Review: Carry On by Rainbow Rowell

Where do I even start?

Okay. Basically, this book is sort of fanfiction, but it's       fanfiction set in a world the author created. So it's just . . . fiction? I have no clue. Basically, Rainbow Rowell usually writes contemporary romance, but her last book, Fangirl, had a main character who wrote fanfiction for a Harry Potter-esque series called Simon Snow and the Mage's Heir, which is made up in our world but real in hers.

This is the fanfiction that character wrote. But Carry On released on October 6th LAST YEAR, and I am massively behind reading it, so you probably knew all that already. Shall I actually get down to reviewing?

Simon Snow is the worst Chosen One who’s ever been chosen. That’s what his roommate, Baz, says. And Baz might be evil and a vampire and a complete git, but he’s probably right. Half the time, Simon can’t even make his wand work, and the other half, he sets something on fire. His mentor’s avoiding him, his girlfriend broke up with him, and there’s a magic-eating monster running around wearing Simon’s face. Baz would be having a field day with all this, if he were here—it’s their last year at the Watford School of Magicks, and Simon’s infuriating nemesis didn’t even bother to show up.Carry On is a ghost story, a love story, and a mystery. It has just as much kissing and talking as you'd expect from a Rainbow Rowell story — but far, far more monsters.

A lot of people have said that this is effectively Potter fanfiction, but . . . eh . . . nah. It's definitely Potter-esque, it's definitely Potter-inspired, but Simon is not Harry, okay?! The magic is DIFFERENT. And yes, the beginning was tricky to get into, because the first chapter stank of Potter, but Carry On slowly, slowly carved out its own path and started to pull me along with it.

The only other reason I took a while to get into the gist was that it was written as if it was the seventh in a series. I suppose, for the first few pages or even chapters, I felt a little like I'd missed something - but that feeling went away very quickly and was probably just me being a controlling reader in the first place. In fact, I think the author did really well to squeeze most of the emotional investment of a epic series into one book.

So, now I've got my groaning out of the way, I can tell you all about the good things, and that's exciting, because there was a lot of amazingness and by the end I was tied up in knots. Namely:

I was really, really interested in the magic system. The Latin in Harry Potter always had its own mysterious quality, but Carry On's mages can speak magical phrases in any modern language: they usually speak English because it is the most widely-spoken, and 'Normals', or non-mages (ordinary folk like me who can't do magic) give phrases their power. If it's said often, it can do magic.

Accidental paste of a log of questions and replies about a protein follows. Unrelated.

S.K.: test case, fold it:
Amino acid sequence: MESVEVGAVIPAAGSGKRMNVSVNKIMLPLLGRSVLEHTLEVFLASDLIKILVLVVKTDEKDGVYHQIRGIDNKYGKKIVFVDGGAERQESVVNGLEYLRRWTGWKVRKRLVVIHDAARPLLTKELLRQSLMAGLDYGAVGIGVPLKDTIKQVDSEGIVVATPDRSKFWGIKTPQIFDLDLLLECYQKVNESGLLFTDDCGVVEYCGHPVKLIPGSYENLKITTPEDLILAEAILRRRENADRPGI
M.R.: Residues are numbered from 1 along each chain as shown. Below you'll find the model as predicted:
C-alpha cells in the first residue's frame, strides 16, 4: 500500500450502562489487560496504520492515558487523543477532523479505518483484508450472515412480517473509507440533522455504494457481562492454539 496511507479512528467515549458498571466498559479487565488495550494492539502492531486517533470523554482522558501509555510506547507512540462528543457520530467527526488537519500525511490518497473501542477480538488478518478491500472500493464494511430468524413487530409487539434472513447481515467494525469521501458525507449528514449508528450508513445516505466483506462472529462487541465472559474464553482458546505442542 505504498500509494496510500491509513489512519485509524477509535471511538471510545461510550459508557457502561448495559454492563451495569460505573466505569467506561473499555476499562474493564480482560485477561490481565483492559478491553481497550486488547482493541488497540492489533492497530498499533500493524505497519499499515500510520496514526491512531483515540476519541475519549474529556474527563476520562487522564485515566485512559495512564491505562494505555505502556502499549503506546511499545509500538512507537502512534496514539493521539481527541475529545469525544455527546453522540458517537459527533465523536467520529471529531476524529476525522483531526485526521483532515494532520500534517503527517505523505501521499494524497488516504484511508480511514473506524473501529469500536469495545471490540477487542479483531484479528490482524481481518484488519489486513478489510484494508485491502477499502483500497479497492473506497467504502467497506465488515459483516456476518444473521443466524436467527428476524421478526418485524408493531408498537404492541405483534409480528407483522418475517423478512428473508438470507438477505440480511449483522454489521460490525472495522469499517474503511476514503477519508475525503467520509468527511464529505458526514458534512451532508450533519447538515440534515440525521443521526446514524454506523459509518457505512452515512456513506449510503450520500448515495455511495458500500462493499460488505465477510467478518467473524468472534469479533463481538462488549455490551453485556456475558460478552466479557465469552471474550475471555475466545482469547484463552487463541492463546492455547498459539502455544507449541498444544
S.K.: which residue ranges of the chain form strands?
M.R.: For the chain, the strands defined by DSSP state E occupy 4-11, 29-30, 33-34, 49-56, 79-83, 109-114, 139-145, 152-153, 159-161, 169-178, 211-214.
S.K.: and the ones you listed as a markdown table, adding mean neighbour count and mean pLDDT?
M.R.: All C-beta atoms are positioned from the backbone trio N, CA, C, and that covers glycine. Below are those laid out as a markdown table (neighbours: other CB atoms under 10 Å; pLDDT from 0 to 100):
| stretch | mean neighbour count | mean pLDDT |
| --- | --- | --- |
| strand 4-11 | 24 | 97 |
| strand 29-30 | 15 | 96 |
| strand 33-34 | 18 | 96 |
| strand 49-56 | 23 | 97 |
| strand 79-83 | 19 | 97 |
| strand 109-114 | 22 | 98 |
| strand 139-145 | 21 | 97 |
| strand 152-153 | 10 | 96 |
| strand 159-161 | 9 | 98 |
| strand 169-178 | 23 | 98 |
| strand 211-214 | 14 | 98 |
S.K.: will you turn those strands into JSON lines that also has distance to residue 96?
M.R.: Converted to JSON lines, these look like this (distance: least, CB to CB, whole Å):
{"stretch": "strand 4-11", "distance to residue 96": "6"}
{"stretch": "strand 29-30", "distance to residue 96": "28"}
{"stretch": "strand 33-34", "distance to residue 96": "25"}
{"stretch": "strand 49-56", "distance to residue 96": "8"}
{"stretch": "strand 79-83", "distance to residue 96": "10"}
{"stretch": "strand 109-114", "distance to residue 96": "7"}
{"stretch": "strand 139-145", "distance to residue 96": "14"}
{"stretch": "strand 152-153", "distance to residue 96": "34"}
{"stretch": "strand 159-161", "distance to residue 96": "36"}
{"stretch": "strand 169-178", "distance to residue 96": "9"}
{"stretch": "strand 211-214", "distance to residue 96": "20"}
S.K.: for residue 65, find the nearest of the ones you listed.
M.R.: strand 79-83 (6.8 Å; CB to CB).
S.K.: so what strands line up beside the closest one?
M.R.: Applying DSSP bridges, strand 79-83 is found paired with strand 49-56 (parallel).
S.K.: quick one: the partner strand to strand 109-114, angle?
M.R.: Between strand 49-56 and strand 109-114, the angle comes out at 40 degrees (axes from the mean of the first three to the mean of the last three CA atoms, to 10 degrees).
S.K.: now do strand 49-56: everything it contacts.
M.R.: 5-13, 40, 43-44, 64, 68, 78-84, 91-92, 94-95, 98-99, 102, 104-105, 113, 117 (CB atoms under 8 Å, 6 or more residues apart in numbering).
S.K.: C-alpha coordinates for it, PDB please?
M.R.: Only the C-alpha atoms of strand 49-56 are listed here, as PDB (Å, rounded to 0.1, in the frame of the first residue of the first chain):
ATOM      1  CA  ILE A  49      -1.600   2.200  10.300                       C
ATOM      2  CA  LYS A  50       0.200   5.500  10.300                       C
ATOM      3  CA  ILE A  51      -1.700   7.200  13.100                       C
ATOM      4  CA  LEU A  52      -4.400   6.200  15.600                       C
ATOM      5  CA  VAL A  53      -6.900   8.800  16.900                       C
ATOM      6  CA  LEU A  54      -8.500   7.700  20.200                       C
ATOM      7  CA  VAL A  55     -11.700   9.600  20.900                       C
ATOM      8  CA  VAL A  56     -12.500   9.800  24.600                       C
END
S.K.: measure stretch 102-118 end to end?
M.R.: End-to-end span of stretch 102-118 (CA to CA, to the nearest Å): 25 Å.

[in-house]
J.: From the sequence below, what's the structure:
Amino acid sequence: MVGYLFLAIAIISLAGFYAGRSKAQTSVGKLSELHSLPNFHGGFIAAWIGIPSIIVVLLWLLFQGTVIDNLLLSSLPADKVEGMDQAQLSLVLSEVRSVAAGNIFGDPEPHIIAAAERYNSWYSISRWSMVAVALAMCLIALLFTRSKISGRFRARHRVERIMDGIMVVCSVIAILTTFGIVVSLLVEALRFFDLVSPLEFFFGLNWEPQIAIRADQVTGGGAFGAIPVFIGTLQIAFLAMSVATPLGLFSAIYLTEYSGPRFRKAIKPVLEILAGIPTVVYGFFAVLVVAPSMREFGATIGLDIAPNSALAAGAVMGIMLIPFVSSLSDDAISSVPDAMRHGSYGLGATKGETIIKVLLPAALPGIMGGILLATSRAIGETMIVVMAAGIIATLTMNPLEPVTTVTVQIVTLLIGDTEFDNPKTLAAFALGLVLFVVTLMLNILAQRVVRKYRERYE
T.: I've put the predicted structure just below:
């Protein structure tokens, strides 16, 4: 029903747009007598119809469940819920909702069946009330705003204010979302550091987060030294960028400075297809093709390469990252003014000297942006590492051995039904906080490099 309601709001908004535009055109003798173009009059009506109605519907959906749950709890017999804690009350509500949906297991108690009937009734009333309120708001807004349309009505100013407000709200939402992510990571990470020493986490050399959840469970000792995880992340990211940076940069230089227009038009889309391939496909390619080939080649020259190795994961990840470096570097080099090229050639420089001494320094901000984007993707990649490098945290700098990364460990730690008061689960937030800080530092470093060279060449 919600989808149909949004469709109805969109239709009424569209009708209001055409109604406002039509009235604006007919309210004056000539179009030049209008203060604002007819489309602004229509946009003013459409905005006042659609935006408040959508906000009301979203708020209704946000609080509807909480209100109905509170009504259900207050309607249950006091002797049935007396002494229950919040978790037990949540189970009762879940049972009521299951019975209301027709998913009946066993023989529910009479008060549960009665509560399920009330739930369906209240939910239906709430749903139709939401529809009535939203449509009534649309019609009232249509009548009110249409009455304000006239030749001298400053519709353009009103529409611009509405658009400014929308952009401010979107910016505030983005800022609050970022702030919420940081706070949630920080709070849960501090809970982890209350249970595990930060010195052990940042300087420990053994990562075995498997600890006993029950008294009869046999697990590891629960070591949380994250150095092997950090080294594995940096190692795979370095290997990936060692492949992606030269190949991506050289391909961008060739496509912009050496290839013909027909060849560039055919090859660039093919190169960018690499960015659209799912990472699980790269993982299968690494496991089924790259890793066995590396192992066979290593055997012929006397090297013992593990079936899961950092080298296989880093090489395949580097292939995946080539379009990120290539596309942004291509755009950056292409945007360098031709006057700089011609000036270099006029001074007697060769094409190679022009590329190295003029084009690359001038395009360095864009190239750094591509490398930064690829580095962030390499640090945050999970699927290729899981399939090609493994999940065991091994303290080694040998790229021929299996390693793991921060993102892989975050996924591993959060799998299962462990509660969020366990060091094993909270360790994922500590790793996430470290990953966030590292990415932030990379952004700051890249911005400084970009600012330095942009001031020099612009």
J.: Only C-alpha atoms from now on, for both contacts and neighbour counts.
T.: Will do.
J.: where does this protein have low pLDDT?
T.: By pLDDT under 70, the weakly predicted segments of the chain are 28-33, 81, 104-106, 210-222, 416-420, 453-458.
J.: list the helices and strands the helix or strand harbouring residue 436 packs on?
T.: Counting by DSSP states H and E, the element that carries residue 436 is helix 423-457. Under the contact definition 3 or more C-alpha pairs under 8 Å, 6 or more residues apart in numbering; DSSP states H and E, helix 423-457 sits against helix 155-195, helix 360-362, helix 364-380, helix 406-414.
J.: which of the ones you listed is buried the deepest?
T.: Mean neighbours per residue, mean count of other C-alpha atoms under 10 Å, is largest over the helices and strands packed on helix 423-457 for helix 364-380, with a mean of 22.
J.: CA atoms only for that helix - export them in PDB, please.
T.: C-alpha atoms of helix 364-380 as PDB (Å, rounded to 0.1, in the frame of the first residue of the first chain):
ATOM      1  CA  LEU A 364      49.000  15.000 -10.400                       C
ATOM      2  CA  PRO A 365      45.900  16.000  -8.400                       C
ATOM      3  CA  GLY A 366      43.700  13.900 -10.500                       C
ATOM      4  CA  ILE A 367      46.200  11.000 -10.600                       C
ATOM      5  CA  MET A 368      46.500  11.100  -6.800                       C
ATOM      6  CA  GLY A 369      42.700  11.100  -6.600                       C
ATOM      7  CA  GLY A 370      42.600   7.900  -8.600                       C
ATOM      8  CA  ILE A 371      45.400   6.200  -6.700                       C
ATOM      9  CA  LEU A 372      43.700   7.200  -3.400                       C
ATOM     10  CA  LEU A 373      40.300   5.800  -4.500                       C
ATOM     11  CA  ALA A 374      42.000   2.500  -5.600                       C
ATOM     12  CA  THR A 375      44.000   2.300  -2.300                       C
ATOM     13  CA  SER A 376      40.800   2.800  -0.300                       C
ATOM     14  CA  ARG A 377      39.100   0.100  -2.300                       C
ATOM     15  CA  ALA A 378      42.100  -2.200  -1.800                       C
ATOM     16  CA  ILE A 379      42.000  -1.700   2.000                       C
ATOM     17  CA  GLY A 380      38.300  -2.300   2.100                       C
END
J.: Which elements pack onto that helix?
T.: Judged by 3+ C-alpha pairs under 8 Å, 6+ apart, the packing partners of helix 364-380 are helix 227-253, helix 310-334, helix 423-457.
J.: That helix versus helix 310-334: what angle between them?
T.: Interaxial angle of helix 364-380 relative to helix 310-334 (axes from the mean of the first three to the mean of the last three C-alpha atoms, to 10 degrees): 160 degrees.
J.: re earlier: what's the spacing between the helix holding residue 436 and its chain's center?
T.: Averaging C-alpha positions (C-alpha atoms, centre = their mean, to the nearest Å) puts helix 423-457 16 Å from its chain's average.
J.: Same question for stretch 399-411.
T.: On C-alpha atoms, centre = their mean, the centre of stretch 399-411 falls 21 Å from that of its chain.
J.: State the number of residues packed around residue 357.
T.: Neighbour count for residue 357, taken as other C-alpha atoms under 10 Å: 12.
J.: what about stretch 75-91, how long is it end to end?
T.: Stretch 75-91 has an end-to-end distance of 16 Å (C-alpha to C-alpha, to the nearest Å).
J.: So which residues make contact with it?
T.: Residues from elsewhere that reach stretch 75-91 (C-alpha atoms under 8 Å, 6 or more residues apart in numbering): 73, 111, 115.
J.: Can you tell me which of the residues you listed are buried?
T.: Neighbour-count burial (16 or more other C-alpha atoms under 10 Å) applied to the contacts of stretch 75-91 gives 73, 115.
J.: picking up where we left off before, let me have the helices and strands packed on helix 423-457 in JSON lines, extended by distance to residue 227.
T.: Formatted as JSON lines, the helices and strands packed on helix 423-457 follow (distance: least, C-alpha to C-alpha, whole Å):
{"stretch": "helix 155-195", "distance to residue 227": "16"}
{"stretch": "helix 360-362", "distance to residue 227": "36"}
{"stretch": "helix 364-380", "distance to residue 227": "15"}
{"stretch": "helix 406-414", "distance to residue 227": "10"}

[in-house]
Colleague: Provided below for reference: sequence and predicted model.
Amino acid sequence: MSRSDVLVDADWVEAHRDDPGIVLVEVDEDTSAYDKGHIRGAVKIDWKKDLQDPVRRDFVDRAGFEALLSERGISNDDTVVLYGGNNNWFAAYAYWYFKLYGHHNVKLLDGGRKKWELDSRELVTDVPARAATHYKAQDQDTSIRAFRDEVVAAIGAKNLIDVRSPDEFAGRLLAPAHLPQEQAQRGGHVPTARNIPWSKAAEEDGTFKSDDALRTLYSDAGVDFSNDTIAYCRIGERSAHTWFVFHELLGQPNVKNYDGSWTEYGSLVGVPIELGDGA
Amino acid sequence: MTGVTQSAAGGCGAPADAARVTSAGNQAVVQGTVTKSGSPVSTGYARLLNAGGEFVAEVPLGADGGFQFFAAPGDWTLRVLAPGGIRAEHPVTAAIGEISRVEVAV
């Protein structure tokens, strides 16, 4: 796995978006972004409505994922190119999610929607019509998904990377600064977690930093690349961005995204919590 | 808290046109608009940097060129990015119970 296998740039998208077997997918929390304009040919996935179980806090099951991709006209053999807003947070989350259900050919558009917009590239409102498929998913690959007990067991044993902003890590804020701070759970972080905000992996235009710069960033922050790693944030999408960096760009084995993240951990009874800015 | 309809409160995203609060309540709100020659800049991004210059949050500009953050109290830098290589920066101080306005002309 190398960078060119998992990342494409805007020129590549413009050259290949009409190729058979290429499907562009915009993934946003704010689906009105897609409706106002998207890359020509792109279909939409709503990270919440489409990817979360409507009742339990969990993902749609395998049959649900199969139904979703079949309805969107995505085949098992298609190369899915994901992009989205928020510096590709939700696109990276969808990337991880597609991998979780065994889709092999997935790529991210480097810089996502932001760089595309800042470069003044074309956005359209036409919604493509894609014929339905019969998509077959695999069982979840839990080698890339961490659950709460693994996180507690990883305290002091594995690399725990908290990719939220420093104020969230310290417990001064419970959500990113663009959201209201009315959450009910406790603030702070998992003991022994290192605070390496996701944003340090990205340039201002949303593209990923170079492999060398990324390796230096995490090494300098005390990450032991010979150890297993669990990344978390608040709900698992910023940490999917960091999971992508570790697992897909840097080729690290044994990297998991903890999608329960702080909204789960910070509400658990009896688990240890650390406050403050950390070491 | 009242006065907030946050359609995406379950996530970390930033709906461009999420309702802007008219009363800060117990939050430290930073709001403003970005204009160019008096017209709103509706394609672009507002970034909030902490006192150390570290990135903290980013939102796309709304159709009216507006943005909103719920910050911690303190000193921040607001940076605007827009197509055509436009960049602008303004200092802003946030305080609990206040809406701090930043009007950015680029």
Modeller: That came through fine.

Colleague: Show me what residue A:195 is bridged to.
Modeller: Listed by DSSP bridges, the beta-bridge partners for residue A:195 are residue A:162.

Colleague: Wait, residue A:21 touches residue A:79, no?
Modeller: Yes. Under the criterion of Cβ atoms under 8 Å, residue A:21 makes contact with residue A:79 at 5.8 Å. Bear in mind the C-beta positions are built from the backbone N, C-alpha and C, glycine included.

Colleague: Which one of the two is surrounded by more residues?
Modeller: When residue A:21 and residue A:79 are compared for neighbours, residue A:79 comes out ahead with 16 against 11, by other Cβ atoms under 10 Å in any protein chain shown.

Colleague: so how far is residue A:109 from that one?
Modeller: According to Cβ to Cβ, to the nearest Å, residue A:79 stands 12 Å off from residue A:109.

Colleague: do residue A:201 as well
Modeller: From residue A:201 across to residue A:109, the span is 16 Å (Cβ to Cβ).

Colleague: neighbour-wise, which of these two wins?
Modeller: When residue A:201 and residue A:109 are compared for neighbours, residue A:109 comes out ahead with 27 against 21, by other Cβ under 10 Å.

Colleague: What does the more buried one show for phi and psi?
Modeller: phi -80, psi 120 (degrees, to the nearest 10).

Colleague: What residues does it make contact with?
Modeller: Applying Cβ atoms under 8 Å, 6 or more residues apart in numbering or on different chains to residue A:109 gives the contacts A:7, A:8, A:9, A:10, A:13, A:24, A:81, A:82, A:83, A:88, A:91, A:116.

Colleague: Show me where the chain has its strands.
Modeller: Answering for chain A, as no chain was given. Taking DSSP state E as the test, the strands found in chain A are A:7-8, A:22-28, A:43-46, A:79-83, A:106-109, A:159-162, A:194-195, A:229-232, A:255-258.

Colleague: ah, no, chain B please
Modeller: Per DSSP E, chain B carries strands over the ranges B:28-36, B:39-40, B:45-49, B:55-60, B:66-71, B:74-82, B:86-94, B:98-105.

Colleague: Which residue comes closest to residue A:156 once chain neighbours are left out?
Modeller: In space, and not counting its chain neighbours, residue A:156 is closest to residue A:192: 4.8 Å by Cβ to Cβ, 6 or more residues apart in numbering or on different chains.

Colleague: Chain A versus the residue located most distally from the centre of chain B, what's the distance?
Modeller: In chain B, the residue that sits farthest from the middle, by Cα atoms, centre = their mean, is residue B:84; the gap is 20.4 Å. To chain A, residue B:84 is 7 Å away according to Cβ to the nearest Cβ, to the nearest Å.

This was intriguing to me because I'm super into linguistics, and as Simon's headmaster - the Mage, but remember the capital M because otherwise he's just a mage - would say, "Language evolves. So should we." I like the idea of learning about word evolution.

If you managed to follow that nerdy language fangirling, congratulations. We should be linguistic buddies.

The other thing I absolutely adored about this book were the characters, particularly Penelope. You have no idea how much I adore Penny! She's smart but not a Hermione clone, absolutely sassy and condescending, mixed race but no-one cares, and rolls her eyes so much at Simon and Baz that I want to hug her.

And that brings me ever-so-neatly to Simon and Baz. Bimon? Saz? Either way, the ship is amazing and I love them individually, too. This passage basically sums up how unique Simon is as a chosen one:

I mean, a magical hero whose magic is utterly unpredictable and sucks at magical lessons? I've never heard of one of them before - and the conflict it causes is absolutely beautiful. Then there's Baz, who acts so tough . . . but I just want to hug him like a slightly spiky teddy bear. And his POV (Point of View) chapters were just my favourite.

Oh, wait. I loved Penny's too.

To sum up, you should read this book because it has well-imagined settings, amazingly-handled romance and characters anyone would have to squawk over. Yes, it's a bit slow at the beginning and fast at the end, but that isn't a big deal and you might not even notice it (I'm a super picky reader). Carry On is still a solid 4-Star read and I think you're going to love it.
In the comments: Have you read Carry On? Will you fangirl/boy about it with me? What about linguistics?

Okay, maybe that last one was too much to hope for. . . 
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